on reverse, hidden by lining: Dr. Holbrook of / S.Carolina / 1856 or 7
The artist, New York; his estate, in 1908. (sale, Anderson Galleries, New York, 26 November 1920, no. 90); Thomas B. Clarke [1848-1931], New York; his estate; sold as part of the Clarke collection 29 January 1936, through (M. Knoedler & Co., New York), to The A.W. Mellon Educational and Charitable Trust, Pittsburgh; gift 1947 to NGA.
- Memorial Exhibition of Works by the Late Daniel Huntington, N.A., Century Association, New York, 1908, no. 28.
- Exhibition of Portraits by Early American Portrait Painters, The Union League Club, New York, 1923, no. 14.
- A Loan Exhibition of Paintings by Early American Portrait Painters, The Century Association, New York, 1928, no. 9.
- Portraits by Early American Artists of the Seventeenth, Eighteenth and Nineteenth Centuries, Collected by Thomas B. Clarke, Philadelphia Museum of Art, 1928-1931, unnumbered and unpaginated catalogue, as John Edwards Holbrook.
- Loan for display with permanent collection, National Portrait Gallery, Washington, D.C., 1967-1981.
- Portraits by Early American Artists of the Seventeenth, Eighteenth and Nineteenth Centuries, Collected by Thomas B. Clarke. Exh. cat. Philadelphia Museum of Art, 1928, unnumbered.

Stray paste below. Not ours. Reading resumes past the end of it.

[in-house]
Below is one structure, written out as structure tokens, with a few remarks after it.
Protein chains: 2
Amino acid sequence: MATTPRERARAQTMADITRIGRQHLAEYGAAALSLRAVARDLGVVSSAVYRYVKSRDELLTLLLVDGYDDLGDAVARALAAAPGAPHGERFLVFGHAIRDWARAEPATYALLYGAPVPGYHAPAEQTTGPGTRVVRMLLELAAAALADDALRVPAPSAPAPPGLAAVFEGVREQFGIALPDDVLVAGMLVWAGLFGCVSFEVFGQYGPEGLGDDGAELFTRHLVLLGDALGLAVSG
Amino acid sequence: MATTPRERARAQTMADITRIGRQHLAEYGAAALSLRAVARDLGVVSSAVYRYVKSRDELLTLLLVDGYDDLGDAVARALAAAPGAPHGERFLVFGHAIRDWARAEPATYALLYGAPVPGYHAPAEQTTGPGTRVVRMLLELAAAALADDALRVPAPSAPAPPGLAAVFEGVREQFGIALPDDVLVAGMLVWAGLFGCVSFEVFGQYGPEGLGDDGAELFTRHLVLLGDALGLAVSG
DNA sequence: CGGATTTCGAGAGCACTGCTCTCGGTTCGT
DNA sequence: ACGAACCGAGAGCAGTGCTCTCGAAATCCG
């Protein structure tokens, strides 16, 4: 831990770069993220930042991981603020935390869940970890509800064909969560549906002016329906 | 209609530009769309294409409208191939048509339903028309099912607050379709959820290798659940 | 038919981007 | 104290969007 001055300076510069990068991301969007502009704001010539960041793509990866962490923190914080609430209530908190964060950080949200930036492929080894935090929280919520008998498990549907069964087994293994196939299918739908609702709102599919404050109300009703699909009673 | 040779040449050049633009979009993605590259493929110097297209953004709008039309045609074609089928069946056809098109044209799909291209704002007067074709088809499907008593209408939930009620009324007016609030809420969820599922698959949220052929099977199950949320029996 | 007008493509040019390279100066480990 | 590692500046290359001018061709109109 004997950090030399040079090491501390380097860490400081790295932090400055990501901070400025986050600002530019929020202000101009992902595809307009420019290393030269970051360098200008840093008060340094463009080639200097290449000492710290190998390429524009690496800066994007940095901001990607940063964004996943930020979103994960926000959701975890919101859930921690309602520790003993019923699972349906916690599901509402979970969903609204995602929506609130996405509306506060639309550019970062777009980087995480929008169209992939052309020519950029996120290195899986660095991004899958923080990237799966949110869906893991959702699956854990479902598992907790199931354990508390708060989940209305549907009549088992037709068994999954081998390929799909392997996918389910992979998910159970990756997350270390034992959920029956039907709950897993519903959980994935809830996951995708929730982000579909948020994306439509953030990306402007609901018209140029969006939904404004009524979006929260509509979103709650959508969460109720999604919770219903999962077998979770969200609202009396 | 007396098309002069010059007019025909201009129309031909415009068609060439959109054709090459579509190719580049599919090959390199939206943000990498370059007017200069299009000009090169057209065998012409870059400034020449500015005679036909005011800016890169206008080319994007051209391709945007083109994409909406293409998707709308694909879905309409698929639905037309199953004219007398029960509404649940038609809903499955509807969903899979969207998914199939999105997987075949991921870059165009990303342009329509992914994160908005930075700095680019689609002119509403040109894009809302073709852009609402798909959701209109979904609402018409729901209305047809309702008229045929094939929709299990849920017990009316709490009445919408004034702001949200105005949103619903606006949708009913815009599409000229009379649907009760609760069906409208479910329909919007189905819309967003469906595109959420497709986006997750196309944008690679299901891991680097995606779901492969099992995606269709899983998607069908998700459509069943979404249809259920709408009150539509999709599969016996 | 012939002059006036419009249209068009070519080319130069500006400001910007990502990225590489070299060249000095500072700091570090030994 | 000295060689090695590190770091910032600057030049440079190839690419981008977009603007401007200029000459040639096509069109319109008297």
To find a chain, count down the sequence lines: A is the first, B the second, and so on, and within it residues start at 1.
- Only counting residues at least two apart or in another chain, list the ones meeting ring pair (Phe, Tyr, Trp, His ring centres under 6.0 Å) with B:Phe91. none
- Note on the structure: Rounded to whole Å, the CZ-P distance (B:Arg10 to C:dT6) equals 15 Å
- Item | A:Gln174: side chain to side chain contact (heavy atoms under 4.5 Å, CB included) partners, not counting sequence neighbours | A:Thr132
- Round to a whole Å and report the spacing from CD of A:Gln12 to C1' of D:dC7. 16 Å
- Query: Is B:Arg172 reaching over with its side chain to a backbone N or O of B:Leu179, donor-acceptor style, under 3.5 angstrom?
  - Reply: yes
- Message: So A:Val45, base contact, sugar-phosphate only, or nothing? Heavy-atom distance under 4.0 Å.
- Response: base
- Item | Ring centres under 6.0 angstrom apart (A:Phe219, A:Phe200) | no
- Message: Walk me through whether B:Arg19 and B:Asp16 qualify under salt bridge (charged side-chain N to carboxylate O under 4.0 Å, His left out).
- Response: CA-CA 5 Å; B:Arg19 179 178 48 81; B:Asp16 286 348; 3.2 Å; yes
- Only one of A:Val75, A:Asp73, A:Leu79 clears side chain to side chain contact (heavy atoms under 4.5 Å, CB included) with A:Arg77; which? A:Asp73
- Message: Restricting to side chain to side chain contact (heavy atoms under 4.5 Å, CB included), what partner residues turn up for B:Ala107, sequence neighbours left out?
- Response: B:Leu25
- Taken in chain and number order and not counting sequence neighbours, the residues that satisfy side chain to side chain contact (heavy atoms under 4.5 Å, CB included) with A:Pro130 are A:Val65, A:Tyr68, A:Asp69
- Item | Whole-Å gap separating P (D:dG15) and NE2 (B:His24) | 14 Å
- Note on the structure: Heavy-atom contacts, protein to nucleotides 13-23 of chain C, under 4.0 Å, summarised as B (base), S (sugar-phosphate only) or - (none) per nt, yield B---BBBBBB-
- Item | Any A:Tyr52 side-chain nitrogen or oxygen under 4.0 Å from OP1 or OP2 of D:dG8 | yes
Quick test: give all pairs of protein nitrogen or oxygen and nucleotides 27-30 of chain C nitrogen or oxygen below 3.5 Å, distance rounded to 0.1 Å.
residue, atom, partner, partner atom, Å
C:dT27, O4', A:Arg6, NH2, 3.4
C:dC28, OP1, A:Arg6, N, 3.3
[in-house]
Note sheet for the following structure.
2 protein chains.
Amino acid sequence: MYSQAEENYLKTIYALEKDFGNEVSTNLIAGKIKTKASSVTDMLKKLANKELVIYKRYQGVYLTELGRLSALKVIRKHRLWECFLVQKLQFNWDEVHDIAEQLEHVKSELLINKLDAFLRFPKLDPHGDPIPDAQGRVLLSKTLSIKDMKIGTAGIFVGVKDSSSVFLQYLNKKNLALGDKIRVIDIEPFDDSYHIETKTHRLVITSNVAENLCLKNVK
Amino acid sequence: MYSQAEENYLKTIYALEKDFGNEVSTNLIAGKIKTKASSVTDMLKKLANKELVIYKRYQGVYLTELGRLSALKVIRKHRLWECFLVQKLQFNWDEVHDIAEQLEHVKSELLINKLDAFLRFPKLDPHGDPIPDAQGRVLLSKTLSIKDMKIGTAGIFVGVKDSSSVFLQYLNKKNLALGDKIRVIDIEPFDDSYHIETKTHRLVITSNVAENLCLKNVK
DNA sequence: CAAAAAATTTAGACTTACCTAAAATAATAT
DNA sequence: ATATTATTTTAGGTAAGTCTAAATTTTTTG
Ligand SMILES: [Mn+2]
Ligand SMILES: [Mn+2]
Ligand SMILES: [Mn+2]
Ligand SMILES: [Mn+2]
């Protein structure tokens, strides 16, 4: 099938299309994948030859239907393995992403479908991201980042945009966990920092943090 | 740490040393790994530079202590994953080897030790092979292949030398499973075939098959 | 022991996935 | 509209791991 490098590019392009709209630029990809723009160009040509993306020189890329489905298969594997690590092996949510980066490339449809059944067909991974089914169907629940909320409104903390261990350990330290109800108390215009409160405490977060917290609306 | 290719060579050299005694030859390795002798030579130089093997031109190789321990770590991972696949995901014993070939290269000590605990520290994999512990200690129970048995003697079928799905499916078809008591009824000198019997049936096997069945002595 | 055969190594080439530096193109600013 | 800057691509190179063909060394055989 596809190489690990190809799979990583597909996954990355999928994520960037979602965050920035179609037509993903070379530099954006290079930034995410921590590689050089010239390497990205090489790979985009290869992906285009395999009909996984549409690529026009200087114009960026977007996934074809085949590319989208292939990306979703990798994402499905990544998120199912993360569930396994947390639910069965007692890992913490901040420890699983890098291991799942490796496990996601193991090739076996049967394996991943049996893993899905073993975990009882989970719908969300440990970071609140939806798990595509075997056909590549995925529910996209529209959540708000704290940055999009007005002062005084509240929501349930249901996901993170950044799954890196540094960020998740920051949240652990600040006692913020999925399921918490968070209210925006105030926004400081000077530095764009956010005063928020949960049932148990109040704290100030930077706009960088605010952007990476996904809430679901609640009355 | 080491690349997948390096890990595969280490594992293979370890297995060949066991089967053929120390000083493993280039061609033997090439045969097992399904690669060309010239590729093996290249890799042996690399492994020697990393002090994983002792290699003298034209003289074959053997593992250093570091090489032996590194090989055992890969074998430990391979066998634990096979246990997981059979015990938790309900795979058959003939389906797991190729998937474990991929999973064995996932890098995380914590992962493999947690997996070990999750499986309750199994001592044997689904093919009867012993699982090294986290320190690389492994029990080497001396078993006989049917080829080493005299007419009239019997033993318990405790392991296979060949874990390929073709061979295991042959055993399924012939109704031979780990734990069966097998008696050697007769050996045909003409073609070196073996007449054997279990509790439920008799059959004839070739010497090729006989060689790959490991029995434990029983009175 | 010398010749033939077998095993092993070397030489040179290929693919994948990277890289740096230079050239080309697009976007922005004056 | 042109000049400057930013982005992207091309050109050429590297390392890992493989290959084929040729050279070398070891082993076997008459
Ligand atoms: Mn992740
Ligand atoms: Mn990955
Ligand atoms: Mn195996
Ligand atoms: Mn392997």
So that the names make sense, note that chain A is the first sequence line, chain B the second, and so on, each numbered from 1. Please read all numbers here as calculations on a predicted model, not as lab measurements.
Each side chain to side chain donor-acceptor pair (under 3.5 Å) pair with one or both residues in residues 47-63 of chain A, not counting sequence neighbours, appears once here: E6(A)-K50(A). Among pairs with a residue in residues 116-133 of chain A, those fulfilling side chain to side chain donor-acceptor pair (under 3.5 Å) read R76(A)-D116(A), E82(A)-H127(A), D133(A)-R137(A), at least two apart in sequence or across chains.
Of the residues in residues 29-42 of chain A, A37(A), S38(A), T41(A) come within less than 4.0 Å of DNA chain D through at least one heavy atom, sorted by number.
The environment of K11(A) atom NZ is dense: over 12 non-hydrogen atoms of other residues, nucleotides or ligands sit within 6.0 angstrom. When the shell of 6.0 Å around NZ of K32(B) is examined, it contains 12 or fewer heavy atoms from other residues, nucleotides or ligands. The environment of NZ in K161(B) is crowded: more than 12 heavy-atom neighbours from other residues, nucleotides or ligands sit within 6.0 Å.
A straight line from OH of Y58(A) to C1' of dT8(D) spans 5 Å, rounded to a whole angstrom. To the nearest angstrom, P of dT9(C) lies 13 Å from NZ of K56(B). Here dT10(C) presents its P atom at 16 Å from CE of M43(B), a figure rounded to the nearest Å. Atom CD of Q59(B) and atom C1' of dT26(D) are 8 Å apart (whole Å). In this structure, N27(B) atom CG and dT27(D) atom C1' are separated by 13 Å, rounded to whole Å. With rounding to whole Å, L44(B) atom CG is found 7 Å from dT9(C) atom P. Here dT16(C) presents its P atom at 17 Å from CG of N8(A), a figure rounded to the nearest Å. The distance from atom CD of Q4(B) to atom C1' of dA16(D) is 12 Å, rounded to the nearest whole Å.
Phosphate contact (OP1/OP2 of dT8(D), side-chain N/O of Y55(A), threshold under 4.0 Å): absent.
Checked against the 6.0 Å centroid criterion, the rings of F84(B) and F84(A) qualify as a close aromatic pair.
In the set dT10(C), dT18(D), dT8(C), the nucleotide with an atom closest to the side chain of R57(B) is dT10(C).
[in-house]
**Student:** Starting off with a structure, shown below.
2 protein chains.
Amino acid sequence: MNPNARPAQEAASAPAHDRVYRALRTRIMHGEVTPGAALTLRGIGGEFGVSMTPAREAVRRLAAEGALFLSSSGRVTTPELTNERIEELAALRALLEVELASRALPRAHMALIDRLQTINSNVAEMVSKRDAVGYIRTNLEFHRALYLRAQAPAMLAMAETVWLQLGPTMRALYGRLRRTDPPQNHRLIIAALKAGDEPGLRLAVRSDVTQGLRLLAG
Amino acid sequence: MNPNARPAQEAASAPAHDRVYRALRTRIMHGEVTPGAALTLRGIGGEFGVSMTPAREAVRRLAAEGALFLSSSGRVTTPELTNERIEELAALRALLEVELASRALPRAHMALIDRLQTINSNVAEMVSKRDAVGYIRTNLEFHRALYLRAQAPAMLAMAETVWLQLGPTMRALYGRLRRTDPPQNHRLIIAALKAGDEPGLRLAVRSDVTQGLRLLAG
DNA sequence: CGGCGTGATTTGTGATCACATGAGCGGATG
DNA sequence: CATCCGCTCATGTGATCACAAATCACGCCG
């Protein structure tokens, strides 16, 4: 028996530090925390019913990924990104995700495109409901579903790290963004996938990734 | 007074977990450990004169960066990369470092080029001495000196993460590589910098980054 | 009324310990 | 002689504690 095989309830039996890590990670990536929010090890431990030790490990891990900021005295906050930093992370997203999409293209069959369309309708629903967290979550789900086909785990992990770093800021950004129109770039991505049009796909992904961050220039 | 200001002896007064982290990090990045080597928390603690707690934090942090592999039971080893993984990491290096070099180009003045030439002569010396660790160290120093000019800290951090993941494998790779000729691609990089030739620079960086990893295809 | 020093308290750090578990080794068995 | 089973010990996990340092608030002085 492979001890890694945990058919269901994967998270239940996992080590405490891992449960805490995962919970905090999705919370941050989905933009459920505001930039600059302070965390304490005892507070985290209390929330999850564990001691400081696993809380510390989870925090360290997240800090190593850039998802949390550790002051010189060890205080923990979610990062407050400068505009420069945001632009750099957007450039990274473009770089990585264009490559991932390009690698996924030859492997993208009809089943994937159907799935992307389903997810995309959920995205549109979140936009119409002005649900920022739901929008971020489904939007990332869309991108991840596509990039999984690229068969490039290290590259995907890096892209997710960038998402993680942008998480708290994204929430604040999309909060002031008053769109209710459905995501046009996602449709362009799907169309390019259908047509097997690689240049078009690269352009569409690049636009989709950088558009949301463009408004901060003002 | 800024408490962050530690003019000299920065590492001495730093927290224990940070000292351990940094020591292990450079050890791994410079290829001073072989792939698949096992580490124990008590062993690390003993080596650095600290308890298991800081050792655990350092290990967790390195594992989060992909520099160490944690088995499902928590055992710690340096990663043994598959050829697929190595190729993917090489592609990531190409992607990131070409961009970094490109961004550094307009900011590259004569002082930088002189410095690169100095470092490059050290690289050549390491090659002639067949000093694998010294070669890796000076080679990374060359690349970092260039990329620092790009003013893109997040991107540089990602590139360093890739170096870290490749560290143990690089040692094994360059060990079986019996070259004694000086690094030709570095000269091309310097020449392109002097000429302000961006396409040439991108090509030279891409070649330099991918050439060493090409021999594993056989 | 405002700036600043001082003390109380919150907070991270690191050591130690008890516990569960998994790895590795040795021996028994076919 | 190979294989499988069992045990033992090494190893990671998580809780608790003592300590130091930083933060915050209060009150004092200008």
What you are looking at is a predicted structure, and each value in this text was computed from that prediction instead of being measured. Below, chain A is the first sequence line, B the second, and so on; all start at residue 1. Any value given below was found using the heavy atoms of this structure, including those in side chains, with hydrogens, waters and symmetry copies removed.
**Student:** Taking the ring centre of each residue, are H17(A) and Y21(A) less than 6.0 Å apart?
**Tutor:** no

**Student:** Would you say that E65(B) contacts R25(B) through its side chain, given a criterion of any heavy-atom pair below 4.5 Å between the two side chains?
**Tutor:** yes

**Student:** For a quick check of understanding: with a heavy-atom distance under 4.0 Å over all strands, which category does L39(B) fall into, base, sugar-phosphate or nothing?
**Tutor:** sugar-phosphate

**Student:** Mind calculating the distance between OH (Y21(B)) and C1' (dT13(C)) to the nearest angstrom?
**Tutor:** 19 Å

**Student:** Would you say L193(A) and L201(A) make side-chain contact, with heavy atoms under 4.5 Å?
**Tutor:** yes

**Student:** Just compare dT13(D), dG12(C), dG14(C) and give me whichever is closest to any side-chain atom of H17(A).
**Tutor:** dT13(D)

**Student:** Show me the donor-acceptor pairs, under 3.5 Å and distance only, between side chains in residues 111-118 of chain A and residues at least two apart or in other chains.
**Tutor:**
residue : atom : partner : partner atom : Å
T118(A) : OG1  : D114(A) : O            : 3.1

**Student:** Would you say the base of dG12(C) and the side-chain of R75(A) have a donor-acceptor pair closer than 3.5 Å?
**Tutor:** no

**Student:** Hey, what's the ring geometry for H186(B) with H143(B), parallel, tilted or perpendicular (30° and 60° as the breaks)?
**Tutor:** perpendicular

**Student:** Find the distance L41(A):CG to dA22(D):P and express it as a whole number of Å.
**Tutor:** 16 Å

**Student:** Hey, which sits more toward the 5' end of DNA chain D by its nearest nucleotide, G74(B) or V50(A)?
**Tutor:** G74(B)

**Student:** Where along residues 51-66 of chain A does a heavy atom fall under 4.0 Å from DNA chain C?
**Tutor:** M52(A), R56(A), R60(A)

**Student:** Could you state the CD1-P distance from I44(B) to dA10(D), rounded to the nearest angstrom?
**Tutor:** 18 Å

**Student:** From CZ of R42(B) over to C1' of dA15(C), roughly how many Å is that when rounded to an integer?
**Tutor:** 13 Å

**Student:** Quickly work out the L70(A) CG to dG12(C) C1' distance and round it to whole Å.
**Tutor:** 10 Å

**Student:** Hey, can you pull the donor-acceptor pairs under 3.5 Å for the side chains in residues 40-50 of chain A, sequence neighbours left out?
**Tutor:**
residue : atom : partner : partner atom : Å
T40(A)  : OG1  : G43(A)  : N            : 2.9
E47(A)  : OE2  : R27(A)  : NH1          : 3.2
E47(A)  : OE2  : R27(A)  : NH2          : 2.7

- Mansueti, Romeo. "Father of American Herpetology." Nature Magazine 43 (January 1950): repro. 19.
- Rutledge and Lane 1952, 124.
- American Paintings and Sculpture: An Illustrated Catalogue. National Gallery of Art, Washington, 1970: 70, repro.
- American Paintings: An Illustrated Catalogue. National Gallery of Art, Washington, 1980: 179, repro.
- American Paintings: An Illustrated Catalogue. National Gallery of Art, Washington, 1992: 208, repro.
- Kelly, Franklin, with Nicolai Cikovsky, Jr., Deborah Chotner, and John Davis. American Paintings of the Nineteenth Century, Part I. The Collections of the National Gallery of Art Systematic Catalogue. Washington, D.C., 1996: 337-339, repro.
The support is a medium-weight, plain-weave fabric that has been lined. Stenciled on the reverse of the original fabric is "Williams, Stevens, Williams & Co." The off-white ground is thin and smooth. The brushwork is predominately wet-into-wet, with fairly free strokes and a low impasto visible in the lighter areas. Paint loss is minimal, and there are only scattered areas of inpainting on the face and at lower right. A small tear has been mended at upper left. In 1962, the painting was lined and restored, and discolored varnish was removed.
 The inscription and partial stencil mark, recorded by a photograph in the NGA conservation files, are now concealed by the lining.